Furler came by his loyalty to the Erie honestly. From his birth in 1917 he always lived within earshot of the Erie’s tracks. As a youth he became a familiar figure to local train crews. One veteran engineer, William J. “Bill” Smith, befriended the young Furler, even to the point of remembering to make smoke every time the photographer came into view out the cab window of the hogger’s 4-6-2. 

After studying mechanical engineering at the Stevens Institute of Technology in Hoboken, Furler spent the war working for Curtiss Wright Aviation, where he tested aircraft engines. This was followed by a brief stint on the Erie, where he worked in various towers and got to know the railroad cold. Eventually he moved on to a long career at Continental Can Co., from which he retired in 1982.

The Erie portrayed in Furler’s photographs was a monumental railroad, the antithesis of the downtrodden property that limped into the Conrail era as the Erie Lackawanna in the 1970s.

Furler’s Erie was a railroad of massive physical plant, with heavy Pacifics on passenger trains and burly Berkshires on freights, roaring down a splendid right of way of immaculate track and ruler-straight ballast. It proudly ran the Erie Limited, the Lake Cities, and the Atlantic Expressand Pacific Express

The railroad was a great subject for Furler’s photographic approach. Few photographers managed to cram as much information and drama into a simple three-quarter composition. His photos are alive with detail, from the sunlit view of a locomotive’s running gear he always strived to achieve, to the deep, sharp backgrounds that yielded a wider railroad context. 

Westbound freight train led by Erie R-3 2-10-2 No. 4217 (with an auxiliary tender) near Tuxedo, N.Y., on October 22, 1944. Donald Furler
His favorite vantage point was a useful elevation, even if it meant climbing a signal or an adjacent boxcar or a steep cliff. He was fearless in his pursuit.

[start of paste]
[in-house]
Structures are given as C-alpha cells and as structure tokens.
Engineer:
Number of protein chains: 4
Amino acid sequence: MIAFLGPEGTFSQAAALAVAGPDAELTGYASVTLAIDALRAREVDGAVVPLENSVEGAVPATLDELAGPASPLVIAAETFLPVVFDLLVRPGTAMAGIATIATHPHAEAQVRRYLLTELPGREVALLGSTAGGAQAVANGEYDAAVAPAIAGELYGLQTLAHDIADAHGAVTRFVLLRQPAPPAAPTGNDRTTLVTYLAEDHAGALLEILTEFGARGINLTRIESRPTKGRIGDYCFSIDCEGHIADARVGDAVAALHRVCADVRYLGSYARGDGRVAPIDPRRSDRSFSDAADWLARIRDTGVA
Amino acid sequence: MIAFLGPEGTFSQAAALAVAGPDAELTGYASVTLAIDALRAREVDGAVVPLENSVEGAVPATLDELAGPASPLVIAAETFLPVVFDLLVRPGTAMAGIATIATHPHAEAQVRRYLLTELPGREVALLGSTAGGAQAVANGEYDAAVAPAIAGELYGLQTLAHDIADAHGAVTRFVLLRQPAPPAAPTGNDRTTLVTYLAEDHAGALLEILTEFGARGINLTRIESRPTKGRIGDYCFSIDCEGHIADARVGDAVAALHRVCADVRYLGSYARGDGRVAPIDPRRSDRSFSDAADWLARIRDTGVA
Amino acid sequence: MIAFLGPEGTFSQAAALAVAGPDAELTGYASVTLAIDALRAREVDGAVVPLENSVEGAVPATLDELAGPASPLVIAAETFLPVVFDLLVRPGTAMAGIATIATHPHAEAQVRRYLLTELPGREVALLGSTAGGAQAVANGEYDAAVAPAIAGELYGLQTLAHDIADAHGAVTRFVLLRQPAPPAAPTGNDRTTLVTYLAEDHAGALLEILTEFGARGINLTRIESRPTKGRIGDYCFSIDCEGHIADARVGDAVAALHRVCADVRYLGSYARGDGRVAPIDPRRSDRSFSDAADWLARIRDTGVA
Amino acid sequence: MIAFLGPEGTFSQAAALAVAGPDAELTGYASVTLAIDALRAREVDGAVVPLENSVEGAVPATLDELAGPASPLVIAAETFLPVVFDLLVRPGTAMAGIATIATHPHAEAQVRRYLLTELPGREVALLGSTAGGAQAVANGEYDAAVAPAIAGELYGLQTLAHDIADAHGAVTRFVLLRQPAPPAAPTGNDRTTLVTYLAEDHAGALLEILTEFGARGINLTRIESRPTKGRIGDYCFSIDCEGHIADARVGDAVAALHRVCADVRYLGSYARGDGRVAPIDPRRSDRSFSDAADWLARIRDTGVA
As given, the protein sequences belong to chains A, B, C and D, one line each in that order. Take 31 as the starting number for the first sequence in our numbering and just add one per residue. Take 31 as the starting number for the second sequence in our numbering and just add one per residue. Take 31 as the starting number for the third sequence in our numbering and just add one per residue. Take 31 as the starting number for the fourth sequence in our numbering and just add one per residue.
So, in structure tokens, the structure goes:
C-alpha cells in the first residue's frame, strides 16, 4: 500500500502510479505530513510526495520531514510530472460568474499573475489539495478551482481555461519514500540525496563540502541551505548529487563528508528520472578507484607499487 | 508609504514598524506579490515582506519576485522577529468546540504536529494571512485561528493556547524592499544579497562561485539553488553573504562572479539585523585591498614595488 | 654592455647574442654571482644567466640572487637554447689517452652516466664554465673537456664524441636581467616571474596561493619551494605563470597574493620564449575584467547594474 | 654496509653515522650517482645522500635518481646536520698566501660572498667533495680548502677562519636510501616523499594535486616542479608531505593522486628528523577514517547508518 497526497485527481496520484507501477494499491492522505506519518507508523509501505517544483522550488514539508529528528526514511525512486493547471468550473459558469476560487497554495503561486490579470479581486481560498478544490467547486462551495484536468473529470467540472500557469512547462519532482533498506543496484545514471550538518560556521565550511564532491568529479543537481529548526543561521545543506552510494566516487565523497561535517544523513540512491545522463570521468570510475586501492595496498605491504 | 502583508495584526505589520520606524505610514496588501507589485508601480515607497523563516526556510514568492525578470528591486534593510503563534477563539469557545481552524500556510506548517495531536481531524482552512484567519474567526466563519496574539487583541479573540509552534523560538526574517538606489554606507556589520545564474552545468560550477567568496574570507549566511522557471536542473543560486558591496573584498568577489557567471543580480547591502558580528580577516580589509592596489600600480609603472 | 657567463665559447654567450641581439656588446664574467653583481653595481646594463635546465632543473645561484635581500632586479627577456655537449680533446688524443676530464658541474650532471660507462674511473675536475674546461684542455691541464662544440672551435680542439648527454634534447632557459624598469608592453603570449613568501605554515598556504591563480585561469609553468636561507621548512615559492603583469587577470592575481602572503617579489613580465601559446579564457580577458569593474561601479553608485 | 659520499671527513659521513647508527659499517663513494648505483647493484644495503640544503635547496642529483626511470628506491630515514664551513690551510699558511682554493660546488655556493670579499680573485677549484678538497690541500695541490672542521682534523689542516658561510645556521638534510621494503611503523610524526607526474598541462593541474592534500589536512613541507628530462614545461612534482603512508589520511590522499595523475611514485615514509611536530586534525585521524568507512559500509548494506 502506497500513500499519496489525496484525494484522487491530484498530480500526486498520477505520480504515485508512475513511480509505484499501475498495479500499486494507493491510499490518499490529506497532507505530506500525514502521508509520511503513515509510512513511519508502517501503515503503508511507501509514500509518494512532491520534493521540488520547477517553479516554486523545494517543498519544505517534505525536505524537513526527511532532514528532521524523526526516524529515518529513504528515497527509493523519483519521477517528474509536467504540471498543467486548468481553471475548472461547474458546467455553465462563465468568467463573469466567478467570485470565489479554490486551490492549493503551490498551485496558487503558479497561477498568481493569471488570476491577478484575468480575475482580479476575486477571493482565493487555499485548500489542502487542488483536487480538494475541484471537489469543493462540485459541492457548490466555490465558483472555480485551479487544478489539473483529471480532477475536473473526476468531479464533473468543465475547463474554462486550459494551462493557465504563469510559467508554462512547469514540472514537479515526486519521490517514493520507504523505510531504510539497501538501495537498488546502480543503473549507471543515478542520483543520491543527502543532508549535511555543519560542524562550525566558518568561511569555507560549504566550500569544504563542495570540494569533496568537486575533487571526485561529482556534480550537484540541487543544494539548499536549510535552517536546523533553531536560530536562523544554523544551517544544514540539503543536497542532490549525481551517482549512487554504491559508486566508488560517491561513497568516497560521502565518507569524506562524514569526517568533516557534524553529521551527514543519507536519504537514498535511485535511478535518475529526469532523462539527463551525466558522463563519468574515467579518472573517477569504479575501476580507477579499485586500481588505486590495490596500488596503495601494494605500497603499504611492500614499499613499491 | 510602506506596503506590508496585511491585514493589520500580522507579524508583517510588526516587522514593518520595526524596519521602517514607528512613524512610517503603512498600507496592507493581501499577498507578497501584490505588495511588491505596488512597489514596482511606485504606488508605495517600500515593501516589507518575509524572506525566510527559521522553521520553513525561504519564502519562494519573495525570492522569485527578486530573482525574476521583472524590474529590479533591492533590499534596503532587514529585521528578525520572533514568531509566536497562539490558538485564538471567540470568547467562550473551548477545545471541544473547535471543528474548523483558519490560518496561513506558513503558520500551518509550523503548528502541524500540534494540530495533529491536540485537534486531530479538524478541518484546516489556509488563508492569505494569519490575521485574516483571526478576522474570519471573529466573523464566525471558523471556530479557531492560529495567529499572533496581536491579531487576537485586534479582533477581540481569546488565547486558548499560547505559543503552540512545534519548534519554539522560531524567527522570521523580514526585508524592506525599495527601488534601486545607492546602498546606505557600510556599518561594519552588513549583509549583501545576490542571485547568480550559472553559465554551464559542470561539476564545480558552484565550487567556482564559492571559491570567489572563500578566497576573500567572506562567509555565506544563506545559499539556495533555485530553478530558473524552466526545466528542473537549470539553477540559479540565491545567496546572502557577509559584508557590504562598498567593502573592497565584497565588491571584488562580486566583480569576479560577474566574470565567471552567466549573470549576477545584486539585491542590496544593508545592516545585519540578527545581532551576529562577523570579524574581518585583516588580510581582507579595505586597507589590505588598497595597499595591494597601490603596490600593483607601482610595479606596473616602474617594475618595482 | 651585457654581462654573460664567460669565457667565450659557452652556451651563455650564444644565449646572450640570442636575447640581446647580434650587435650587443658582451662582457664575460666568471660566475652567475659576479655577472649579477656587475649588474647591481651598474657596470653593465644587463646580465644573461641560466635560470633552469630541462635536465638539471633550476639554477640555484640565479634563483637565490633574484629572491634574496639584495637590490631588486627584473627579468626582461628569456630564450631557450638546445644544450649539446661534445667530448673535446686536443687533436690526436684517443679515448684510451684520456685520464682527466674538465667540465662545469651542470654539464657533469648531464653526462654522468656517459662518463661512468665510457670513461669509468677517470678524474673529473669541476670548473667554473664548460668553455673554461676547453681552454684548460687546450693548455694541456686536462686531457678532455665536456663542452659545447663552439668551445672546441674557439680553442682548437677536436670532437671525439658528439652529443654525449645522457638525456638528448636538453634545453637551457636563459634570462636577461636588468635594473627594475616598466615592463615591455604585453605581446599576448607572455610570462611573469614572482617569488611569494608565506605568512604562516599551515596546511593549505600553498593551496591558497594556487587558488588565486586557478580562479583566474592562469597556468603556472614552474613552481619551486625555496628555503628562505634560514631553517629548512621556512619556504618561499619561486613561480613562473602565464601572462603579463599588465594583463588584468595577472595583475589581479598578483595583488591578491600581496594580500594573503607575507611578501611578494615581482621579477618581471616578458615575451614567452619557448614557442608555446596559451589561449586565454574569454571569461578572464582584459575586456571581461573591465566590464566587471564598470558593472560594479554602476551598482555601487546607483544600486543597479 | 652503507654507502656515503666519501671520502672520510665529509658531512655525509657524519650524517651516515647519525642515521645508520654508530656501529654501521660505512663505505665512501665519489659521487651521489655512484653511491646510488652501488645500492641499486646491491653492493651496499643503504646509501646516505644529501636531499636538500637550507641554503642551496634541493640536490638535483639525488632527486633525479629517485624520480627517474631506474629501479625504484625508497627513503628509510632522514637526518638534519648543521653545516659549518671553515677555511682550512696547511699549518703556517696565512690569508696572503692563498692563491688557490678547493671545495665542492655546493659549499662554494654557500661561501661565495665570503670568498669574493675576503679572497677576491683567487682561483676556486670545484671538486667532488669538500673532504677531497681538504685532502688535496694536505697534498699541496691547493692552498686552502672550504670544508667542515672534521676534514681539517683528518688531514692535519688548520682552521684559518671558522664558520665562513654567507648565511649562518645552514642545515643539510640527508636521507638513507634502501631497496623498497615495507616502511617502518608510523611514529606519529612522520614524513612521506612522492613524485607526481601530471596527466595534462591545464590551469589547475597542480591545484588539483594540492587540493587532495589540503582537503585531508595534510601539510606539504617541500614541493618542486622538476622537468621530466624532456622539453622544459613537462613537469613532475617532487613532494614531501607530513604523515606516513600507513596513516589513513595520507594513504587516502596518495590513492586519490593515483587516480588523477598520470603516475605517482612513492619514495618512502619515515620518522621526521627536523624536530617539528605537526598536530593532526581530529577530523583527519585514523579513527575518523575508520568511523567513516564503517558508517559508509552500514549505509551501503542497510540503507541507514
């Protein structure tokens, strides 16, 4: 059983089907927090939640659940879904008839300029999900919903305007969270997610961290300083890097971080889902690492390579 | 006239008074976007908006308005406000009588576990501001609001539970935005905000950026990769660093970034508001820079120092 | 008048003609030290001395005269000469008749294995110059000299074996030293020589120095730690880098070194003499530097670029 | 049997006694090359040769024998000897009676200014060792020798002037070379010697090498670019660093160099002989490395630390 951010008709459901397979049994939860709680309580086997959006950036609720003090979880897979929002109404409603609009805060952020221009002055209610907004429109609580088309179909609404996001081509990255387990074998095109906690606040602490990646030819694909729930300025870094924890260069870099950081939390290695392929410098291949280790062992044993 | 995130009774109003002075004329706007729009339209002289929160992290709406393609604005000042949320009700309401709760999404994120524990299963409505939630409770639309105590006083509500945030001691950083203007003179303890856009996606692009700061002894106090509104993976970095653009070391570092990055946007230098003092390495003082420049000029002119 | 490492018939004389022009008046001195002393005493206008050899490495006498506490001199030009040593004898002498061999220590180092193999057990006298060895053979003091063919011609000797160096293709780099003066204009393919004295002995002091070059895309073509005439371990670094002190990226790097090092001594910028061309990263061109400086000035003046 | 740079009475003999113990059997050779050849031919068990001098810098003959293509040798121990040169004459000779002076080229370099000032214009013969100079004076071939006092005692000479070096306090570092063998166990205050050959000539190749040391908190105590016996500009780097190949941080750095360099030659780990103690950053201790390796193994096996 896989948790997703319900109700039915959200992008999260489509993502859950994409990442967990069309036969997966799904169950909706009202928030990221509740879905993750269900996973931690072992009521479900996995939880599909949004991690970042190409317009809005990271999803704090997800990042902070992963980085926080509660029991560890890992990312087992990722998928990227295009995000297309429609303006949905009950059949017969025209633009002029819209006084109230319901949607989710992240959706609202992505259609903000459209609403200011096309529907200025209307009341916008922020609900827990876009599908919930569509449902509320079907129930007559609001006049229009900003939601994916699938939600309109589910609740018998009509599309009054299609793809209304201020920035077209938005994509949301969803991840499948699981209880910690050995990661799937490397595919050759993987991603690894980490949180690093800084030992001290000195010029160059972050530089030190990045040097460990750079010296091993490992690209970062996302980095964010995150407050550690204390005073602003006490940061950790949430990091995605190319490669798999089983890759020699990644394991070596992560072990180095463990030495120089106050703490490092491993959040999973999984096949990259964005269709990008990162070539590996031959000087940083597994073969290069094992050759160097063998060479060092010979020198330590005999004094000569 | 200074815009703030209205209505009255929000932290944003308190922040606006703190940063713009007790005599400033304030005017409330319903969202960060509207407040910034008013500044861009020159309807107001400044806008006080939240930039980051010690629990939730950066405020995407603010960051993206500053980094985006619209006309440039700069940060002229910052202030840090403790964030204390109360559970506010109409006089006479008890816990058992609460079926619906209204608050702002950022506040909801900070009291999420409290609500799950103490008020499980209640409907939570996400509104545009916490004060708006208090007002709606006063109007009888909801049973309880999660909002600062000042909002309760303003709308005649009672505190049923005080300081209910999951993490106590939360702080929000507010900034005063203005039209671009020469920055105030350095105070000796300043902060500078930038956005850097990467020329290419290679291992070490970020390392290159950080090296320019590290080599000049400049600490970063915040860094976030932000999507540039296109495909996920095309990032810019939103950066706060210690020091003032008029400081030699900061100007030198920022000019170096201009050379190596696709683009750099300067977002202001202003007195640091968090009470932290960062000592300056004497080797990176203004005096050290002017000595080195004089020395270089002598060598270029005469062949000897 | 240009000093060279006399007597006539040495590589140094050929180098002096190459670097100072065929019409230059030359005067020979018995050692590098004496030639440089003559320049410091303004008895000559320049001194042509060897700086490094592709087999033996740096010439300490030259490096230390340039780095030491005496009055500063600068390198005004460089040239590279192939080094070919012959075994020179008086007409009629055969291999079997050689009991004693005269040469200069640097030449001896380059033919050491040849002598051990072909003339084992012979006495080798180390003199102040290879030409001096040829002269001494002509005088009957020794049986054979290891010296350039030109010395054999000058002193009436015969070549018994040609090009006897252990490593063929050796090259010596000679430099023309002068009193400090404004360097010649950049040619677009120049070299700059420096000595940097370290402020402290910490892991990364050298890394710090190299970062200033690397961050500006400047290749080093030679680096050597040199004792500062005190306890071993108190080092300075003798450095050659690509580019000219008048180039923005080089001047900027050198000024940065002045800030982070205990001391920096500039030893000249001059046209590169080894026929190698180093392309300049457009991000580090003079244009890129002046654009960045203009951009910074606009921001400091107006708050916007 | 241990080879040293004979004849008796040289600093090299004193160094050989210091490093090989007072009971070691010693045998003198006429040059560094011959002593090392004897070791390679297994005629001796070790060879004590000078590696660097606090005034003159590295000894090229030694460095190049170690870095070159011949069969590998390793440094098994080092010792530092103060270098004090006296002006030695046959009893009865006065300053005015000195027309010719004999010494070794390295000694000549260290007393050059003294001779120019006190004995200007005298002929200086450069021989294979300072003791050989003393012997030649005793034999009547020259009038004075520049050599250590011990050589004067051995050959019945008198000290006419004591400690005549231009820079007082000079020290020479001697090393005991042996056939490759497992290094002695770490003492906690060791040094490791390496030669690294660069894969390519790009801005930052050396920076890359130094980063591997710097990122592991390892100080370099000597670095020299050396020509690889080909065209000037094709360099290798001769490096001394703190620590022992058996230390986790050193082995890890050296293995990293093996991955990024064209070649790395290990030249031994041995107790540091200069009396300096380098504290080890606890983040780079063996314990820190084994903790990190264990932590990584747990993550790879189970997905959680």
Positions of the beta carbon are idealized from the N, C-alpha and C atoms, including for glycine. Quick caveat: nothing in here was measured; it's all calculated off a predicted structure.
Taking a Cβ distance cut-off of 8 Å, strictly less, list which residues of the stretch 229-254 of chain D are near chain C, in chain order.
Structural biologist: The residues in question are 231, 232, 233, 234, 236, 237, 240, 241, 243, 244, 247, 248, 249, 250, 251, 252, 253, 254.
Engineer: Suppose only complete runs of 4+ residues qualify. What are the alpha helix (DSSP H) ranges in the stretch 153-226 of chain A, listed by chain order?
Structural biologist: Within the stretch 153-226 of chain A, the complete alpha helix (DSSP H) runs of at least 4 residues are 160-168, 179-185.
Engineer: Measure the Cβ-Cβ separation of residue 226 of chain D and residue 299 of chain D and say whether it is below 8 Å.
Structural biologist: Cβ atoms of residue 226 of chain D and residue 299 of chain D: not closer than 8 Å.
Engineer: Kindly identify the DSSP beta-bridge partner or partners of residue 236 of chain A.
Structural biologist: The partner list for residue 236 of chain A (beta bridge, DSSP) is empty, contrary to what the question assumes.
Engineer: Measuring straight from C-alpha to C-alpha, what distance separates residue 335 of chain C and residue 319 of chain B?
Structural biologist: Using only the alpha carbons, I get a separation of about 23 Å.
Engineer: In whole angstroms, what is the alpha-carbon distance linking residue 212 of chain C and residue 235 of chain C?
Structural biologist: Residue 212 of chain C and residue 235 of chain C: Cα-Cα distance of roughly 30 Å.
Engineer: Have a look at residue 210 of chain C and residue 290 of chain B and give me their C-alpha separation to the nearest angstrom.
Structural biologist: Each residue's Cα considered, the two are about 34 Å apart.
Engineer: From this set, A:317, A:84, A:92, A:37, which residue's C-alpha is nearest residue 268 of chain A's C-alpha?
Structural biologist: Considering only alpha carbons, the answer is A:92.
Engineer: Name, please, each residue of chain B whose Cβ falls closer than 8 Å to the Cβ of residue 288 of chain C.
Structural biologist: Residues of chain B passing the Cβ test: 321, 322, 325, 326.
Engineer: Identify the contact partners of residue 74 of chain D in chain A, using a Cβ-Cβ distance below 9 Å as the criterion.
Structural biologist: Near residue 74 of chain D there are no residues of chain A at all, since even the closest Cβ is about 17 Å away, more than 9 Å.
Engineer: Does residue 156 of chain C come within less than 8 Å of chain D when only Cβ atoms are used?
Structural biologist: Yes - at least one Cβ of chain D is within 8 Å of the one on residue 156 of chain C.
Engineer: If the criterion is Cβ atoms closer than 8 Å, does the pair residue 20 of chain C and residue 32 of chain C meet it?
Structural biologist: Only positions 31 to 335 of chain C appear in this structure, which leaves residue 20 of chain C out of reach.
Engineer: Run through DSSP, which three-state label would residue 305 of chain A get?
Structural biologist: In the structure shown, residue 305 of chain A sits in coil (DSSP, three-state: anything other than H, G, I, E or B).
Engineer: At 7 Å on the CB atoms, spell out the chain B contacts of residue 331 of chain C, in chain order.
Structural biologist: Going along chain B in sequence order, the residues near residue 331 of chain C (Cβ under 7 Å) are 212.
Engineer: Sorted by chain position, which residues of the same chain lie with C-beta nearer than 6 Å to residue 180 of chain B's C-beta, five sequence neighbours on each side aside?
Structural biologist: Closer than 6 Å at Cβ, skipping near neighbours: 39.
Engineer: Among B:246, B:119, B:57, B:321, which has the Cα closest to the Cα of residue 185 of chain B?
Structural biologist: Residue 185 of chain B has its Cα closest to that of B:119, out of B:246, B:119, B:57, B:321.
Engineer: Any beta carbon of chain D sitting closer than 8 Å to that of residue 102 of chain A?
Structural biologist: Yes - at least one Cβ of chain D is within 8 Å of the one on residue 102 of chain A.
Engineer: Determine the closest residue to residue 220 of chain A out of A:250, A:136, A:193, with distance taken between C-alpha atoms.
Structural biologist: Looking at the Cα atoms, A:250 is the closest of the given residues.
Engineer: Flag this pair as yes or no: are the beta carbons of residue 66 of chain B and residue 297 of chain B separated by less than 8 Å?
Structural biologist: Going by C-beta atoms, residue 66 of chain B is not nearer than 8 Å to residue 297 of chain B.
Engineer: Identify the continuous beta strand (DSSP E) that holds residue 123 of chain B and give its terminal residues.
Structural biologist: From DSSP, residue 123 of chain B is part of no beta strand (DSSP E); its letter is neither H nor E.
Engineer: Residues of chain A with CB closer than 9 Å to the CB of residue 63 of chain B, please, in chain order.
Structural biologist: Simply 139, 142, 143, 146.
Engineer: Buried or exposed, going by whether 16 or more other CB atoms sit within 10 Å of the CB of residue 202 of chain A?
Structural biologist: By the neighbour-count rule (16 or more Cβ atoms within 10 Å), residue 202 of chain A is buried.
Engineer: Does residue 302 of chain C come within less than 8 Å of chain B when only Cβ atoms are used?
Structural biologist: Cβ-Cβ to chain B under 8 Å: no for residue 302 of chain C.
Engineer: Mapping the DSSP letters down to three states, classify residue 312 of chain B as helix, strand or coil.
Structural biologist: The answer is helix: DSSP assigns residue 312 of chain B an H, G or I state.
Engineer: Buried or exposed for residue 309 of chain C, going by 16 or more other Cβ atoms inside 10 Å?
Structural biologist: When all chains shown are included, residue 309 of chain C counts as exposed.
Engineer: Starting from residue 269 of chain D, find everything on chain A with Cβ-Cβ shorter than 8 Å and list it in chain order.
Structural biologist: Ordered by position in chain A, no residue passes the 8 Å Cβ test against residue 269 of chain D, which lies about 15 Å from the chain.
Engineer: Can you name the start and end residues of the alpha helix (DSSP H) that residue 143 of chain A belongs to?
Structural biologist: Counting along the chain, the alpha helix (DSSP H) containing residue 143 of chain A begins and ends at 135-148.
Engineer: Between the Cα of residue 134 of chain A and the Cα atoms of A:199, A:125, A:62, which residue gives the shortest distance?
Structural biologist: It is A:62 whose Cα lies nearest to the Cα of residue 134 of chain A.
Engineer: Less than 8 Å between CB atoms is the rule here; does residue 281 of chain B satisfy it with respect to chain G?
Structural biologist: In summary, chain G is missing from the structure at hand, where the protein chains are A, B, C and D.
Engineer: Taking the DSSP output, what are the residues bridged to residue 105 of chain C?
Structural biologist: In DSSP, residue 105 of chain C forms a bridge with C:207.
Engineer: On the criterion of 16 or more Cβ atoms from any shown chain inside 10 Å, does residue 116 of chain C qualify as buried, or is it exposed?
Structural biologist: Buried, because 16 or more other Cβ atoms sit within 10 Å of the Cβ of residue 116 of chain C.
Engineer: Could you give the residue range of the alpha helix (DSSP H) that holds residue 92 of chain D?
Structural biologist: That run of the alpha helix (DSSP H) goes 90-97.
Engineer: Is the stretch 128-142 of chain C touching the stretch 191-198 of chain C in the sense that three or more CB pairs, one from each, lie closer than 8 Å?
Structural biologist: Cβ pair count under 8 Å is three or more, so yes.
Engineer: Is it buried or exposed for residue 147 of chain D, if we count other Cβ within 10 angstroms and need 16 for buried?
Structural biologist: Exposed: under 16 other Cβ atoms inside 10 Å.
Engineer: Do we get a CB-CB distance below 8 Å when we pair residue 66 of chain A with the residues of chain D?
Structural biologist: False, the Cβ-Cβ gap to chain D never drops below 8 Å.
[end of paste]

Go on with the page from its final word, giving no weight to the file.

Of the four images presented here, my favorite is the most traditional, as it were. Not far from his home at Glen Rock, N.J., Furler fixes his viewfinder on train No. 1, the westbound Erie Limited, as his engineer friend, Bill Smith, pours on the smoke. Did a steam locomotive ever appear more overpowering than K-5-A 2938 does at this moment on June 1, 1943? Every detail in the photo is tack sharp, yet there is nothing frozen about the scene. It’s alive with urgency. 

By all accounts, Donald Furler led a full life, surrounded not only by his wife Marie and their four children, but also his railfan friends. Among them were other notable railroad photographers, including Robert Collins, Bob Malinoski, Jim Shaughnessy, and William P. Price. Furler died in 1994. 

Furler’s work won wider notice in 2004, when photographer John Gruber included him in an article for the Center’s Railroad Heritagequarterly, entitled “Creative, Almost Forgotten Photographers.” The story included another shooter who was also a Furler patron, Al Kalmbach. 

At his Lake Forest presentation, Alan Furler proudly presented some of his father’s best photographs, many of them in the time-honored wedge format. He said he wanted his dad “to be less forgotten.”

Mission accomplished, Alan.